Tuesday, May 7, 2013

Wells Coming Off The Confidential List Wednesday; Hess With Another Great Well; First Well Of CLR's 14-Well Pad Southwest Of Williston Was Also Reported

This is so cool! #23372, the CLR Atlanta well below is the first well to be reported on the 14-well pad just a few miles southwest of Williston. Go to this post to get to the links to a photograph of the well, a link to the narrative, and a graphic layout of the pad.

5/8 wells coming off the confidential list today went to DRL status:
  • 22968, drl, BR, CCU Burner 21-26TFH, Corral Creek,
  • 23118, drl, Statoil, Cora 20-17 3TFH, Poe,
  • 23372, 364, CLR, Atlanta 1-6H, Baker, t4/13; cum --
  • 23837, drl, BR, Waterton 11-29MBH, Keene,
  • 23924, 1,096, Newfield, Staal 150-99-23-14-10H, South Tobacco Garden, t3/13; cum --
  • 23962, drl, Ballantyne, Kanu 2-13, Kanu,
  • 23968, 1,348, Hess, BB-Rice 150-95-0718H-2, Blue Buttes, t3/13; cum 25K 313;
  • 23983, drl, Statoil, Topaz 20-17 2TFH, Banks,

23968, see above, Hess, BB-Rice 150-95-0718H-2, Blue Buttes:

DateOil RunsMCF Sold

Till I gain control again --

Til I Gain Control Again, Willie Nelson, Emmylou Harris

EPA Won't Limit Greenhouse Gases From Coal Mines -- Cites Budget Constraints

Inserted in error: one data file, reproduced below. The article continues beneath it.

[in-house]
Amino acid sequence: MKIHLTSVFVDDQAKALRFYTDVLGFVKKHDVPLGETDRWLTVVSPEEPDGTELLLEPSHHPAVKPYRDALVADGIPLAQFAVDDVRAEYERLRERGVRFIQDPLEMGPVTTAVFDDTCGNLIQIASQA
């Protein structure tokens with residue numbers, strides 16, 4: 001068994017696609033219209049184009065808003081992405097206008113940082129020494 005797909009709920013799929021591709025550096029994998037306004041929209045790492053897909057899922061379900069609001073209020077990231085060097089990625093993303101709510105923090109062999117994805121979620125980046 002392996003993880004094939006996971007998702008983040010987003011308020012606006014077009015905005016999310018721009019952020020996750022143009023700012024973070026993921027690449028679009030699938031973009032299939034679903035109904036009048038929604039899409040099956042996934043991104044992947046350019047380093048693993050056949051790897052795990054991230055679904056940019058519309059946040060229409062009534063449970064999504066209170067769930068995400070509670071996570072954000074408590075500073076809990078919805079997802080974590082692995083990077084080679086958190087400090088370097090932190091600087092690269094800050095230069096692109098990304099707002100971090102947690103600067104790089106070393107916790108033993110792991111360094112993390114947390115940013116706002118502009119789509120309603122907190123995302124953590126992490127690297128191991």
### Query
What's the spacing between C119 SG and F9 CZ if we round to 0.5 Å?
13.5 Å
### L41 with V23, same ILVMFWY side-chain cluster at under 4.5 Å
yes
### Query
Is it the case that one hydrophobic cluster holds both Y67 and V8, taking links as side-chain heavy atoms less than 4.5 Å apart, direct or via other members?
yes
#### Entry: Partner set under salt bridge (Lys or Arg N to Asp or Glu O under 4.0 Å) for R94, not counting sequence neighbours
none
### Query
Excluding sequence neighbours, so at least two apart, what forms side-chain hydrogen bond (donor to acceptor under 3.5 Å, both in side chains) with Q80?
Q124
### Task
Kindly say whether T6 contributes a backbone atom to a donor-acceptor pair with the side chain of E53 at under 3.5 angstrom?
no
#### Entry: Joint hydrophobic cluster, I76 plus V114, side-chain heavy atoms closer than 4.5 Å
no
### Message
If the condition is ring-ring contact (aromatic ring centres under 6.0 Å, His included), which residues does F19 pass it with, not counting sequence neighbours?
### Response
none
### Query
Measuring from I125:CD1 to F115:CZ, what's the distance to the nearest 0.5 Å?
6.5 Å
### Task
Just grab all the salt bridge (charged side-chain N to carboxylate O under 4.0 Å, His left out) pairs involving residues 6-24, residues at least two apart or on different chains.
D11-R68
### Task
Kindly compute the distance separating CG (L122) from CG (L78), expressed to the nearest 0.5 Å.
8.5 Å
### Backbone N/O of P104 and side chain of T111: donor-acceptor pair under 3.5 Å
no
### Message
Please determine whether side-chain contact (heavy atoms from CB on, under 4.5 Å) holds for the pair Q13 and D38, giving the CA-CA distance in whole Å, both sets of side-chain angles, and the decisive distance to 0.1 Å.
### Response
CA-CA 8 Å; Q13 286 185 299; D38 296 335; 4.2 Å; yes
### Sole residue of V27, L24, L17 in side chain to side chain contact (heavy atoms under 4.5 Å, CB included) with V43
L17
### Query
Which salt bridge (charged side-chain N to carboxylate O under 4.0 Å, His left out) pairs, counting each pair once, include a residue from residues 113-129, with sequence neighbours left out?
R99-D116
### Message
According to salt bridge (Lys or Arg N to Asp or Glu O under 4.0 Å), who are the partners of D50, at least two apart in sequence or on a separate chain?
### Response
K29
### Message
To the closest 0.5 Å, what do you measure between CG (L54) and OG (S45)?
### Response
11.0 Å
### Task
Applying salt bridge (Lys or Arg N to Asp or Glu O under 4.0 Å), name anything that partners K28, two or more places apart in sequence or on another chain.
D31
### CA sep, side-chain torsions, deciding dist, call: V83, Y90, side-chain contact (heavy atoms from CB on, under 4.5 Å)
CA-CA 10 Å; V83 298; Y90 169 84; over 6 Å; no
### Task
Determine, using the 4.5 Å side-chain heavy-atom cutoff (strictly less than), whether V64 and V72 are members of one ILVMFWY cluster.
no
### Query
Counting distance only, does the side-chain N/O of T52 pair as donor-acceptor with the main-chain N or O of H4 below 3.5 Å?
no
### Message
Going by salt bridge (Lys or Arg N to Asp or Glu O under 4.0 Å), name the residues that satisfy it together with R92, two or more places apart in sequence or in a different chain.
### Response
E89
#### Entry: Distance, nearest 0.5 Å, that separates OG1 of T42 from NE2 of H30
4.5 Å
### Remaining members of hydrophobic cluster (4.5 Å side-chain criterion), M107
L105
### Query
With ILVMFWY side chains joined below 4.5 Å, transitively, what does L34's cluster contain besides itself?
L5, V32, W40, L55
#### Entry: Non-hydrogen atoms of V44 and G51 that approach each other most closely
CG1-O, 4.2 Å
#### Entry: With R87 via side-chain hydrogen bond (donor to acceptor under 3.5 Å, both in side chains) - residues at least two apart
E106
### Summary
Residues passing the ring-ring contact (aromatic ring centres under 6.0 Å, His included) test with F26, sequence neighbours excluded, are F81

Bloomberg is reporting:
Methane emissions from coal mines escaped being curbed by the Environmental Protection Agency, which said mandatory U.S. budget cuts didn’t leave it with the resources to determine if the pollution is a significant risk.
The EPA rejected a petition from environmental groups, which three years ago asked the agency to limit the greenhouse gases released from the mines.
“The agency must prioritize its regulatory actions. This is especially the case in light of limited resources and ongoing budget uncertainties,” acting EPA Administrator Bob Perciasepe wrote in a letter to Edward Zukoski, a lawyer for the environmental group Earthjustice. “In the future, the EPA may initiate the process for such a determination, but the agency has decided that it will not do so now.”